U.S. senators press pharma executives on cost of insulin, prescription medications
Sen. Bernie Sanders in Flint, March 8, 2020 | Andrew Roth
WASHINGTON — U.S. senators sparred with pharmaceutical companies and pharmacy benefit managers during a Wednesday hearing on the costs of insulin and other prescription medications.
Louisiana Sen. Bill Cassidy, the top Republican on the panel and a physician, noted that a century ago a diabetes diagnosis was essentially a death sentence for patients before the prevalence of insulin.
When he graduated from medical school, Cassidy said, management of the illness was much more challenging than it is with today’s insulin.
“It goes without saying in that time period, we’ve had a remarkable increase in the quality of life,” Cassidy said, before questioning whether that matters if patients cannot afford the medicine that allows them to stay alive.
“The ability to afford the insulin is equally important to the innovation that may have occurred because if you can’t afford the innovation it’s as if the innovation has never occurred,” Cassidy said.
Democrats’ signature climate change, healthcare and tax package enacted last year capped the cost of insulin for Medicare at $35 per month.
Democrats tried to include language in that package, known as the Inflation Reduction Act, that would have capped the cost of insulin for all consumers at that price, but the GOP successfully removed that element from the measure.
Sen. Bernie Sanders, a Vermont independent and chairman of the Health, Education, Labor and Pensions Committee, said that 1.3 million Americans are rationing their insulin while “all over the world people are paying a fraction of the price, not only for insulin but for other drugs.”
Sanders urged the witnesses to think about the people who die because they can’t afford medicine.
“I, for the life of me, just don’t understand how, when you have something that saves a life and it costs you a few bucks to manufacture … why we can’t make that product available to all at a price that they can afford,” Sanders said. “That is a moral issue, so we’ve got a lot of work to do. But we clearly need revolutionary changes in the way we do prescription drugs in this country.”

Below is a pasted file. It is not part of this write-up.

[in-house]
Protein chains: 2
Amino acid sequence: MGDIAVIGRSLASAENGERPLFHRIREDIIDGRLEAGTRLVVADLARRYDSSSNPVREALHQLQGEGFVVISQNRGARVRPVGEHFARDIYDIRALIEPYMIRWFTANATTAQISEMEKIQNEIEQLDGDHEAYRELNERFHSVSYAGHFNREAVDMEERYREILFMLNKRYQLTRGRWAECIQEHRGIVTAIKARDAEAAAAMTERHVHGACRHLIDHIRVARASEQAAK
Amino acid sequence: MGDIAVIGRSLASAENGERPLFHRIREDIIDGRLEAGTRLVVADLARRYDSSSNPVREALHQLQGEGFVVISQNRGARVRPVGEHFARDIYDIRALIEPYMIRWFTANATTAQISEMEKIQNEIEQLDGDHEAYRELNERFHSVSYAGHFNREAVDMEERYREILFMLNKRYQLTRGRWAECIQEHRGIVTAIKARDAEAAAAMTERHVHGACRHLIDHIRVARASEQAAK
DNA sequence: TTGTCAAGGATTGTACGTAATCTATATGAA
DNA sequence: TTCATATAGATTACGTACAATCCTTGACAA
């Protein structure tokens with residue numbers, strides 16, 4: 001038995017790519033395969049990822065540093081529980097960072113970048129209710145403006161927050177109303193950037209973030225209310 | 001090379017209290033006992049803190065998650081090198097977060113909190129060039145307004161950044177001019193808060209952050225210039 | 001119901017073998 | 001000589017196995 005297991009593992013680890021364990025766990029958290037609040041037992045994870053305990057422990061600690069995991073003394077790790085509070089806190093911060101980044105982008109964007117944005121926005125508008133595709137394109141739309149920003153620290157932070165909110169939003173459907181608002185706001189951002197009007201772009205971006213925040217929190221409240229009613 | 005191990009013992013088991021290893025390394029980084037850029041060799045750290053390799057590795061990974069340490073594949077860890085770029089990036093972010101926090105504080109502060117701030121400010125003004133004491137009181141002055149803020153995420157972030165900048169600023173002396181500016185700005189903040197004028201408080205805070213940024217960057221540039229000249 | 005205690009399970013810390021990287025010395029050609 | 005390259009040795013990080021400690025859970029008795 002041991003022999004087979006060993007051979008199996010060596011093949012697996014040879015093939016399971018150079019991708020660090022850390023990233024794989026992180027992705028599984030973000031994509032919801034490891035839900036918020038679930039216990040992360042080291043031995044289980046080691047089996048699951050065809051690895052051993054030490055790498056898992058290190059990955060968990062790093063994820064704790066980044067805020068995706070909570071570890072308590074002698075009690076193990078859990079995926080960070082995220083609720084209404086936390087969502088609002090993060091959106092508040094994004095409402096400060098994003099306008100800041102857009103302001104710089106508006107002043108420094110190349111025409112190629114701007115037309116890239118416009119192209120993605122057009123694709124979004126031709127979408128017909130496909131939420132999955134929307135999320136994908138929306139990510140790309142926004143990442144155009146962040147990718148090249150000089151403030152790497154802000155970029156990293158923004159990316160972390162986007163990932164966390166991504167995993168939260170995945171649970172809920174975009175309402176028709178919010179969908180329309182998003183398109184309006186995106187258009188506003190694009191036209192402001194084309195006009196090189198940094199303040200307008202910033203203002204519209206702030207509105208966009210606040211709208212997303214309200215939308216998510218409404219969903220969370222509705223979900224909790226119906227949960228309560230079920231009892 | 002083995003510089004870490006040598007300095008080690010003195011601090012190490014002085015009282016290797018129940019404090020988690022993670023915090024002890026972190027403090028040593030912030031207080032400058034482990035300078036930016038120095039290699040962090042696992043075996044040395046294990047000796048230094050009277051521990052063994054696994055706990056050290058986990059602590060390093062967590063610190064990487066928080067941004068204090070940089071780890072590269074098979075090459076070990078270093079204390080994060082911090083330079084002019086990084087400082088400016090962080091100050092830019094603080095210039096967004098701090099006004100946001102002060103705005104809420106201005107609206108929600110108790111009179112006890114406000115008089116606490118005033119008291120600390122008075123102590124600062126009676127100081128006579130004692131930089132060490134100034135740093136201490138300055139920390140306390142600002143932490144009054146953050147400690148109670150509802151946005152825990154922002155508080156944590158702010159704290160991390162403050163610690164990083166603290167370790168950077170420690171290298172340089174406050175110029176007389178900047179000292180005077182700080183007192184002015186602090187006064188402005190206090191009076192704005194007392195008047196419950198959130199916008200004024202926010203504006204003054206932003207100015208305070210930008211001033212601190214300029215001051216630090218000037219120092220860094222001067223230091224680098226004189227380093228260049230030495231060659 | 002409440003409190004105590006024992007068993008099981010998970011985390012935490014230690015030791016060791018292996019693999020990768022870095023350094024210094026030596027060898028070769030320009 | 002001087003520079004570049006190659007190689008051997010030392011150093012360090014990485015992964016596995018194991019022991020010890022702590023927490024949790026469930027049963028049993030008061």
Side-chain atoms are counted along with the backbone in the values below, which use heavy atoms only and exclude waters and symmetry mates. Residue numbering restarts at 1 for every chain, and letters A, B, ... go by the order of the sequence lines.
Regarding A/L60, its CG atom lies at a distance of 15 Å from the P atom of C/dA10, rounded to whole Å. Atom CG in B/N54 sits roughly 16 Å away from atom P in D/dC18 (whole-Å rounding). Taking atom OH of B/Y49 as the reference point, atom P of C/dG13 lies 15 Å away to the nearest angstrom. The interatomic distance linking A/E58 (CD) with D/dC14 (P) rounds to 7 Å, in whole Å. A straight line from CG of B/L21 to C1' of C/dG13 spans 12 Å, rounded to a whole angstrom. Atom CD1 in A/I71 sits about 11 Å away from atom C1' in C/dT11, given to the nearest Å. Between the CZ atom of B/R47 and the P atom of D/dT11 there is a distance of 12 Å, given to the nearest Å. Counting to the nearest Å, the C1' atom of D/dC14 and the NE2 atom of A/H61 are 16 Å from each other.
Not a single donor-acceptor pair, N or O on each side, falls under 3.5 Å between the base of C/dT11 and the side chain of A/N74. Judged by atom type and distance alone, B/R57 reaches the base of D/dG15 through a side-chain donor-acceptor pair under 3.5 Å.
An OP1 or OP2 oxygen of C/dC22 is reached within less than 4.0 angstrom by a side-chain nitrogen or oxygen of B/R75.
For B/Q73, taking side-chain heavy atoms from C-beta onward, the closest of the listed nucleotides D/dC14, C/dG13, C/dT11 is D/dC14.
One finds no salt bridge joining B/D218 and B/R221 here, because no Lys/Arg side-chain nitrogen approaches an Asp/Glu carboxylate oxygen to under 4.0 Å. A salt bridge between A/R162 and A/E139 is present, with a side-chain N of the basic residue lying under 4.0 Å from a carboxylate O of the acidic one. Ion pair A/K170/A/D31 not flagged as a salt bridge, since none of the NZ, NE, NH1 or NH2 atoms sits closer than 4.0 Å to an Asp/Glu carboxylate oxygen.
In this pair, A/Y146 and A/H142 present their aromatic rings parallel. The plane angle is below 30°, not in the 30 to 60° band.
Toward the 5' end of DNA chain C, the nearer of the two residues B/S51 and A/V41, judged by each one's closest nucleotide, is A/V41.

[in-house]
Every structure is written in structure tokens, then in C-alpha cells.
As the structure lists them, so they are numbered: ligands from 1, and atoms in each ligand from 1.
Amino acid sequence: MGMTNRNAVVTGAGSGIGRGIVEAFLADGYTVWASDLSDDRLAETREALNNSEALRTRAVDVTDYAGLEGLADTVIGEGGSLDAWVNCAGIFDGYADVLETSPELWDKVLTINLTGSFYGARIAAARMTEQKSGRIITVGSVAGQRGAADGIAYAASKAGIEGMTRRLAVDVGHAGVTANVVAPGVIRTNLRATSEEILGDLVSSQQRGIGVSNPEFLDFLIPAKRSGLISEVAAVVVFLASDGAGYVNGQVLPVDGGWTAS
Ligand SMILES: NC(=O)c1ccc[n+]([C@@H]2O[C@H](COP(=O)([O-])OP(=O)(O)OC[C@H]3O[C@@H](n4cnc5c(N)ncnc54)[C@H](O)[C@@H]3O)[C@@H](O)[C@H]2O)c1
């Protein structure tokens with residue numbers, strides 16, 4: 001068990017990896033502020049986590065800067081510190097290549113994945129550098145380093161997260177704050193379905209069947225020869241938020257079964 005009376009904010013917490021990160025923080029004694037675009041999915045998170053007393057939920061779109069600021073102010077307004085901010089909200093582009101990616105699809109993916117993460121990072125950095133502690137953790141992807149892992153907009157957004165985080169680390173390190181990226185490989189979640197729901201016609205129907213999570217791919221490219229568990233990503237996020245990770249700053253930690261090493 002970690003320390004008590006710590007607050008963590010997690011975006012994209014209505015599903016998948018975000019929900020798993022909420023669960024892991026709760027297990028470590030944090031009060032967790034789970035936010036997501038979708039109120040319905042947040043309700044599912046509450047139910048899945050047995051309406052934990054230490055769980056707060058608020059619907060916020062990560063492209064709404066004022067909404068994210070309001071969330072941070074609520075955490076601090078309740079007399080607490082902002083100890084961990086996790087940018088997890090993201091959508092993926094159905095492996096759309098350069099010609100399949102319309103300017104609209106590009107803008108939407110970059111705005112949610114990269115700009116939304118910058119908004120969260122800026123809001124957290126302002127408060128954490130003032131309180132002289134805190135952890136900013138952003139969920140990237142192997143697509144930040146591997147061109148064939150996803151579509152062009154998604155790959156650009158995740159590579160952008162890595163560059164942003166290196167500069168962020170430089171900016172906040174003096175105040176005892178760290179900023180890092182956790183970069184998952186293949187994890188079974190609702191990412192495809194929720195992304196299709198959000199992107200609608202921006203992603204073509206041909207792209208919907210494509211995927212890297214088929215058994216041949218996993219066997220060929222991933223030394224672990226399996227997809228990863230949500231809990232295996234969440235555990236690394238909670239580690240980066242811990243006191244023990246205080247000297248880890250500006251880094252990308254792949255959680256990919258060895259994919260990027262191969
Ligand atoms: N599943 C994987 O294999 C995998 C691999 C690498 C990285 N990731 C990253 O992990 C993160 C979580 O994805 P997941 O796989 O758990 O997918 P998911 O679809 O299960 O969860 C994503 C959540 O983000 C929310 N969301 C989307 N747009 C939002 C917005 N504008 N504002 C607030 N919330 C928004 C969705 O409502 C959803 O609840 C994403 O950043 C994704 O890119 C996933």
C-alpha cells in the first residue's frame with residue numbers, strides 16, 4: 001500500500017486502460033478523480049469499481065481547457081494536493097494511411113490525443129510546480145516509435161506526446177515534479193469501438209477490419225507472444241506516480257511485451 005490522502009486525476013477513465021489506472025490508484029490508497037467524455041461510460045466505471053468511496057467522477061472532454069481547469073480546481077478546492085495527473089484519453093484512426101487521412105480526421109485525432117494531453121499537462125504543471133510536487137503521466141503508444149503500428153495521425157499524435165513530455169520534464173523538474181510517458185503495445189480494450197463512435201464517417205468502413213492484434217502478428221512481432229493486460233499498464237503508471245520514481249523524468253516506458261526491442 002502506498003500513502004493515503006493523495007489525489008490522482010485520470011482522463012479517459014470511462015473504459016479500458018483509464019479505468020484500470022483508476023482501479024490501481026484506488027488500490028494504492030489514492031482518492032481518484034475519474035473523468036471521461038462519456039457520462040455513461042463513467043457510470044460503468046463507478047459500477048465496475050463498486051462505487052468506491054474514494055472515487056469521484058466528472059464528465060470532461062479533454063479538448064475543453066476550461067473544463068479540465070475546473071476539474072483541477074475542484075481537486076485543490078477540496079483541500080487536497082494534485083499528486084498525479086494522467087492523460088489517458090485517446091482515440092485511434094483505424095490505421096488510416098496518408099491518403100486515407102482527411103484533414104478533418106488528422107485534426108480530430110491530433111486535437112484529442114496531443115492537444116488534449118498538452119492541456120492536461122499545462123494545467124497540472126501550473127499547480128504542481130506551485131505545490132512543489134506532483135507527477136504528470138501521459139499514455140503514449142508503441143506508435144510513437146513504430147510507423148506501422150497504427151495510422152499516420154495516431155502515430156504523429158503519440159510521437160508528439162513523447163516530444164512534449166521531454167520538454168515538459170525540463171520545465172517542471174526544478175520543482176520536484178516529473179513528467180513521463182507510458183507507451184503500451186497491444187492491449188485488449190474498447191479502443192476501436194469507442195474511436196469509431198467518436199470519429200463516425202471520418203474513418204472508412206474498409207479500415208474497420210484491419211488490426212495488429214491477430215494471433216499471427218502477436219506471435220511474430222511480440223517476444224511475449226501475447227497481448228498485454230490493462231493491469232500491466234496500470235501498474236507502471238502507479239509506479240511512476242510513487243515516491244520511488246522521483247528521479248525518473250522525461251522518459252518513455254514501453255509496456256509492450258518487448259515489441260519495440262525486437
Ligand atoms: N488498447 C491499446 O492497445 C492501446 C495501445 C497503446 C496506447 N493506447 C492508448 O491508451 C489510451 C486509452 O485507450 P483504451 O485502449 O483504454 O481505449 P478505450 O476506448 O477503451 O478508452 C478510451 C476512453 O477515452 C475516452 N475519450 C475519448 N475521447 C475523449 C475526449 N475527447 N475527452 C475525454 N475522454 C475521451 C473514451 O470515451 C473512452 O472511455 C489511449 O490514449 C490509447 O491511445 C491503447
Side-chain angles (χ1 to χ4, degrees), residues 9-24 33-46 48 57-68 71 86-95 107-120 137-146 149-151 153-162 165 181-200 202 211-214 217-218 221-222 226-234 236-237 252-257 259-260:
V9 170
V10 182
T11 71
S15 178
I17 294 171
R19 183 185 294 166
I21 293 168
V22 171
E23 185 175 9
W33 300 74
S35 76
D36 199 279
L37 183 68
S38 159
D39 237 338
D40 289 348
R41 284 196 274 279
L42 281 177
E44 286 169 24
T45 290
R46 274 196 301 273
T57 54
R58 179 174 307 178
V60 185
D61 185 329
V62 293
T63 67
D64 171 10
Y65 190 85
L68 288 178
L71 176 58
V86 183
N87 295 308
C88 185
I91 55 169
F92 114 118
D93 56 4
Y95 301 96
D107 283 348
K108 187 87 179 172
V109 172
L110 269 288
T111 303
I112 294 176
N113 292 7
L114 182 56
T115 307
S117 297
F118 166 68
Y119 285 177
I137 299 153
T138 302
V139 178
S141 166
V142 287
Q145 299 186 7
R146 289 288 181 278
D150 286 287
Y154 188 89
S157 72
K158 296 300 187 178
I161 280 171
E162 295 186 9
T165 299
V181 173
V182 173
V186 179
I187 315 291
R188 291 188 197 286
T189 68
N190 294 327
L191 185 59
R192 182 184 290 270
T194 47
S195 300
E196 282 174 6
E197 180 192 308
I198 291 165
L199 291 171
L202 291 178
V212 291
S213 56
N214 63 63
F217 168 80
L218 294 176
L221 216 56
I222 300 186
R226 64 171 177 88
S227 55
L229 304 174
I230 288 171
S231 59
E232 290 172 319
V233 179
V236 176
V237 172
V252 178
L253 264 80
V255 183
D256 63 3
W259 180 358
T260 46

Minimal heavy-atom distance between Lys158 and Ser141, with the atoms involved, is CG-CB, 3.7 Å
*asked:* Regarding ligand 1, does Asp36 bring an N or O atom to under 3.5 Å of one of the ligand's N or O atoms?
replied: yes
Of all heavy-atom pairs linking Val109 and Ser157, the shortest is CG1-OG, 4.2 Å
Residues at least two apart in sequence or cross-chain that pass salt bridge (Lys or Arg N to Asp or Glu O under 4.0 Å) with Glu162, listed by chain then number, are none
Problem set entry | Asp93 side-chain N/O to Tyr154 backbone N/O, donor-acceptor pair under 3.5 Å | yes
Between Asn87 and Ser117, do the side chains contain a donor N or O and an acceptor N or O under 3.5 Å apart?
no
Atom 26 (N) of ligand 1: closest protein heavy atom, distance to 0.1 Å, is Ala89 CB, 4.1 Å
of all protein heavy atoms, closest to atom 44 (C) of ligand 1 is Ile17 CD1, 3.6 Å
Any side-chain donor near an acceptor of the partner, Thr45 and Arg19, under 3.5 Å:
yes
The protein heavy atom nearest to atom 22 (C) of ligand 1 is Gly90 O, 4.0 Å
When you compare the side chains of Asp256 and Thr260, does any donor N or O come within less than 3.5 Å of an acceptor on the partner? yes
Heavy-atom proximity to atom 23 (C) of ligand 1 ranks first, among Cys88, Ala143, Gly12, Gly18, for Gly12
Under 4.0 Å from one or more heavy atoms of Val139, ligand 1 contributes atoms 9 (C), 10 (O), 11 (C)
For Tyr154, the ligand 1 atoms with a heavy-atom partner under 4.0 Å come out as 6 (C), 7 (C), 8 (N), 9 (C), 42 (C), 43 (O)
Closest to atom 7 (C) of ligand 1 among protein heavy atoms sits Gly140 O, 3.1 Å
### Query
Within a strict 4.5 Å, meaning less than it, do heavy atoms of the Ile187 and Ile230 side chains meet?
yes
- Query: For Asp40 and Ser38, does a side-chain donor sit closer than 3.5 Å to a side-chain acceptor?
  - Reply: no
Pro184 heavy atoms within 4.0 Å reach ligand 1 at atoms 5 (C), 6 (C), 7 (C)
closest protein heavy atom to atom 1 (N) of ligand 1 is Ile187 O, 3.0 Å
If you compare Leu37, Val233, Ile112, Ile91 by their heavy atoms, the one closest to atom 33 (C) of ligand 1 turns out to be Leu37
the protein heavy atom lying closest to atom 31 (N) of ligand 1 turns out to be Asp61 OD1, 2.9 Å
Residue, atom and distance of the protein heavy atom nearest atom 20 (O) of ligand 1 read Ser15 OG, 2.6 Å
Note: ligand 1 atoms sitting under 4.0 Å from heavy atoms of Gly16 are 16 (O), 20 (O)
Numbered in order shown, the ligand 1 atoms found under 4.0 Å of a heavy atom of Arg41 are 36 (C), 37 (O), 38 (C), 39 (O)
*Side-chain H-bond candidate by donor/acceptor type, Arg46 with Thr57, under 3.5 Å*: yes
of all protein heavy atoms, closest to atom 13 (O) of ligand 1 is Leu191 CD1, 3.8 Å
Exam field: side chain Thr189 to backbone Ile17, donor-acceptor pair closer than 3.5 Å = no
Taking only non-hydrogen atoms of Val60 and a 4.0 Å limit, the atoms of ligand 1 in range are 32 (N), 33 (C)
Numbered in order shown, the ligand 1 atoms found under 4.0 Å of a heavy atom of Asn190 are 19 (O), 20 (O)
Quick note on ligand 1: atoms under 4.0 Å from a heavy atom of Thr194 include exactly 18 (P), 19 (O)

Wisconsin Democratic Sen. Tammy Baldwin recalled previously asking officials about the array of prices for insulin and being told that “it’s complicated.”
“One thing I can say when we look at people over profits, is greed is not complicated,” Baldwin said before getting the six witnesses to confirm stock buybacks their companies or patient companies issued during 2022.
Maine Republican Sen. Susan Collins told a story about a hearing she held in the Senate Aging Committee on why the cost of insulin was so high, including a father who traveled to Canada to purchase affordable insulin for his son.
“What we found was a system of getting insulin from the manufacture to the customer that was rife with perverse incentives, convoluted and opaque — so opaque that the witness we had, who had done the study on the system, could not fully explain the chart showing all the links,” Collins said.
Collins criticized the system that’s in place to manufacture and move pharmaceuticals through pharmacies to consumers, saying it defies logic.
“I think we have a very strange system here to say the least, because most of us would think that the rebate, the discount that is negotiated by the (pharmacy benefit managers) would largely benefit the consumer at the pharmacy counter,” Collins said. “But, in fact, it goes to the PBMs themselves, and it goes to the plan sponsor.”
David Ricks, chair and chief executive officer at Eli Lilly and Company in Indiana; Lars Fruergaard Jørgensen, president and chief executive officer at Novo Nordisk in Denmark; Paul Hudson chief executive officer at Sanofi in France; David Joyner, executive vice president and president of pharmacy services at CVS Health in Rhode Island; Adam Kautzner, president of Express Scripts in Missouri; and Heather Cianfrocco, chief executive officer at OptumRx in Minnesota, all testified before the committee.
Ricks, Jørgensen and Hudson all testified that their companies ensure that customers pay less than $35 for all of their insulin products.
All three later testified that they have programs in place to help people in the United States who don’t have health insurance to access insulin for less than $35.
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